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As Gold Line Ridership Plateaus, Metro Looks to Add Speed

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Metro just posted ridership numbers for January and many of the rail lines showed increases, including the Pasadena-to-East LA Gold Line, which notched a few hundred more riders per day from December up to 42,476 for an average weekday. While increased numbers are good, the ridership is leveling off after nearly doubling a year or two after the Eastside extension opened in 2009, adding new stops in Little Tokyo, Boyle Heights, and East LA. Metro is apparently concerned that the extension peaked, because they outlined ideas last month to bring more riders to the train. A memo from the transit agency, linked to on a forum at The Transit Coalition, indicates the extension only carries 13,700 riders a day, meaning the bulk of the Gold Line ridership is on the Pasadena segment.

The first strategy to increase ridership on the extension is to get the train moving faster. The GLEE includes an underground segment with two subway stations in Boyle Heights, but the majority of the six-mile extension runs at street level and must interact with street lights (it also moves pretty slowly as it curves over the 101 on an elevated bridge). "Metro is working with City of Los Angeles Department of Transportation (LADOT) to look at the potential for increasing speed on the MGLEE and Expo Lines. This will include possible adjustments to traffic signal timing at key intersections. A simulation of full signal pre-emption was conducted on the Metro EXPO Line. Part of the analysis included identification of minor intersections where full signal pre-emption would be useful in increasing speeds. The list of intersections has been provided to LADOT and follow-up meeting is scheduled on January 10th."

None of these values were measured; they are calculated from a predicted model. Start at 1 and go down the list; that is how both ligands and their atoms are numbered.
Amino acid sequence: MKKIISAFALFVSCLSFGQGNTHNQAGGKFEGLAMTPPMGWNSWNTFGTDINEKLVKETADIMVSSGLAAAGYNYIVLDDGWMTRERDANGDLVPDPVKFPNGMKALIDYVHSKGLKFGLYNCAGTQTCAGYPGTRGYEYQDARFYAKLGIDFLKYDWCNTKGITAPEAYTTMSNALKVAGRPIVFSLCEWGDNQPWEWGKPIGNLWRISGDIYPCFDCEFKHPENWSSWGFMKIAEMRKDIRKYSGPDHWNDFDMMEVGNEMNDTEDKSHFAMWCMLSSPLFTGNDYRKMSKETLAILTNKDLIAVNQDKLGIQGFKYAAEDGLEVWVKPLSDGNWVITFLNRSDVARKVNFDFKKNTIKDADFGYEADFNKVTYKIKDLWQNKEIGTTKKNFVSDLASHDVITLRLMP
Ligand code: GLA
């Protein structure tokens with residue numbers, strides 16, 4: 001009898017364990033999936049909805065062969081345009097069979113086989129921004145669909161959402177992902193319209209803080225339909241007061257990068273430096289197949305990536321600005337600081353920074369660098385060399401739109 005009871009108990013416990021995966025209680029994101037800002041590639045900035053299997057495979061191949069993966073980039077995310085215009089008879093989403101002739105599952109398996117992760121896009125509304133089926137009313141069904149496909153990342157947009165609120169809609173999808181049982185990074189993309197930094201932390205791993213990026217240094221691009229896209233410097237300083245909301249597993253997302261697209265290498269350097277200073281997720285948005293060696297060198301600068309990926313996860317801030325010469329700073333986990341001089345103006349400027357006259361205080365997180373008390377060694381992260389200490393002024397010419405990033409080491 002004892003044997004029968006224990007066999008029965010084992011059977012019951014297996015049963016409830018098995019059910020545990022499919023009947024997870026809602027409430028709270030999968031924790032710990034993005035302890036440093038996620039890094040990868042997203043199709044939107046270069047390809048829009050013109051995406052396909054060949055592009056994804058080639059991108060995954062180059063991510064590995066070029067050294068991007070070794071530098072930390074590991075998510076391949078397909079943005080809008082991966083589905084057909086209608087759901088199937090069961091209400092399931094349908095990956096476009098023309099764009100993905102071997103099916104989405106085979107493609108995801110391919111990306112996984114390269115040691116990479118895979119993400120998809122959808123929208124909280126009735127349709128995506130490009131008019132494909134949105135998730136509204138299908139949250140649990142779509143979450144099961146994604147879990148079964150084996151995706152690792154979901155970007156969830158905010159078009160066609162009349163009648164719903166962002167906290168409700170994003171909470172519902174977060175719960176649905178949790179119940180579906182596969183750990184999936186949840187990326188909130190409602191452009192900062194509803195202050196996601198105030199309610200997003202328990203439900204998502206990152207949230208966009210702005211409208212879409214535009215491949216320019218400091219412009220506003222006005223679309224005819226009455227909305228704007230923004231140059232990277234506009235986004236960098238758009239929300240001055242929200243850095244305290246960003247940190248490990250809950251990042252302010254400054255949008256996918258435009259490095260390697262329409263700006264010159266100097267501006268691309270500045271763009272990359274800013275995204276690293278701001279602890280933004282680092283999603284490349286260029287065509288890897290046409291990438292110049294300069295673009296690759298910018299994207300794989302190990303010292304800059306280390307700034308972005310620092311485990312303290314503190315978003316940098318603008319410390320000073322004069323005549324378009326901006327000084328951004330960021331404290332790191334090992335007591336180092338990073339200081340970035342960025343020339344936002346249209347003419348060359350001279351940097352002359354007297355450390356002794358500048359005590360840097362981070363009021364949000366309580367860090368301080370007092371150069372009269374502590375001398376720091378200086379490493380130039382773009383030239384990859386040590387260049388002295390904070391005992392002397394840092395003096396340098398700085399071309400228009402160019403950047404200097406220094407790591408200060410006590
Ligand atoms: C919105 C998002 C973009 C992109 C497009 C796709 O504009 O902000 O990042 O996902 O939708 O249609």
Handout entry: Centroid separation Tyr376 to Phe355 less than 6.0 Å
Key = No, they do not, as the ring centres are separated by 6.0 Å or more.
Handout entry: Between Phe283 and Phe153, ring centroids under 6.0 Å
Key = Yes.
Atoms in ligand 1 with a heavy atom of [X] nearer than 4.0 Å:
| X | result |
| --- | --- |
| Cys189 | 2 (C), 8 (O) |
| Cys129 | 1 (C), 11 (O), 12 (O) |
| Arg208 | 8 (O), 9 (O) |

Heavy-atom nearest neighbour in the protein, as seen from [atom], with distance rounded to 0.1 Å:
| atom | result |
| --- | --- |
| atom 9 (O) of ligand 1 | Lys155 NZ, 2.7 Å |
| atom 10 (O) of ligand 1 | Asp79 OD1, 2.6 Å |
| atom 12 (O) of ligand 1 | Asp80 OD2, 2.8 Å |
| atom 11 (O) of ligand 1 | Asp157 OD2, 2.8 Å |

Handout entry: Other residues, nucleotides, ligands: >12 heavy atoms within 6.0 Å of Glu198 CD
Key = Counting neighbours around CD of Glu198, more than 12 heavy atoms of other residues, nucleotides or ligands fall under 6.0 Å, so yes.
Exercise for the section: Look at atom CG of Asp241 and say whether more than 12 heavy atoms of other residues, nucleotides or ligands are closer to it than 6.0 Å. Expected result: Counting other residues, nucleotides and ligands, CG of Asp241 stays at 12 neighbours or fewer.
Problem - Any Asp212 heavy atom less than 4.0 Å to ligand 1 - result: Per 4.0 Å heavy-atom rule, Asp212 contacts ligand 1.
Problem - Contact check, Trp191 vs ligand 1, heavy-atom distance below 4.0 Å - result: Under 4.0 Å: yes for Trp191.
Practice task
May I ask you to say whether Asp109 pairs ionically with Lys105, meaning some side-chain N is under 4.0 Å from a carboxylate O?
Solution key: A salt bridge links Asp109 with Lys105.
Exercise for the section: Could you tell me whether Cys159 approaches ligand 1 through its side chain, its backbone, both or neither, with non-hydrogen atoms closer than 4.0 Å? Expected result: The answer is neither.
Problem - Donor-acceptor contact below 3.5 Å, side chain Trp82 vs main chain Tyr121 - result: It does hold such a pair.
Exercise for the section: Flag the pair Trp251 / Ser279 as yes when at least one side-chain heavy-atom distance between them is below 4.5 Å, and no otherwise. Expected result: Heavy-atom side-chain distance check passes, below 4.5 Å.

But back to the Gold Line--Metro is looking at Indiana/First Street, Mission/First Street, Alameda/First Street, and other intersections for possible traffic light pre-emption. "Indiana/First appears to be the primary challenge in the afternoon, with a 5-phase signal cycle with 30-seconds attributed to each phase. The time variance travelling through this intersection can result in up to a 2 minute difference in arrival at Union Station. A simulation test on the MGLEE will be completed by January 25 to identify specific signal phasing improvements. Upon completion of the testing, we will meet with LADOT and/or Los Angeles County Public Works Department to review findings and determine actions going forward."

Metro is also considering working with Montebello Bus Lines for more feeder service directly to GLEE stations, as well as allowing MBL day pass users free access to the Gold Line (they currently have to pay to transfer). A shuttle from the Little Tokyo station into the heart of Downtown is also being floated, as is a new marketing campaign. The agency is also working on a multi-million dollar project to increase bike- and pedestrian access around the GLEE's eight stations.
· Combined Light Rail Ridership [Transit Coalition]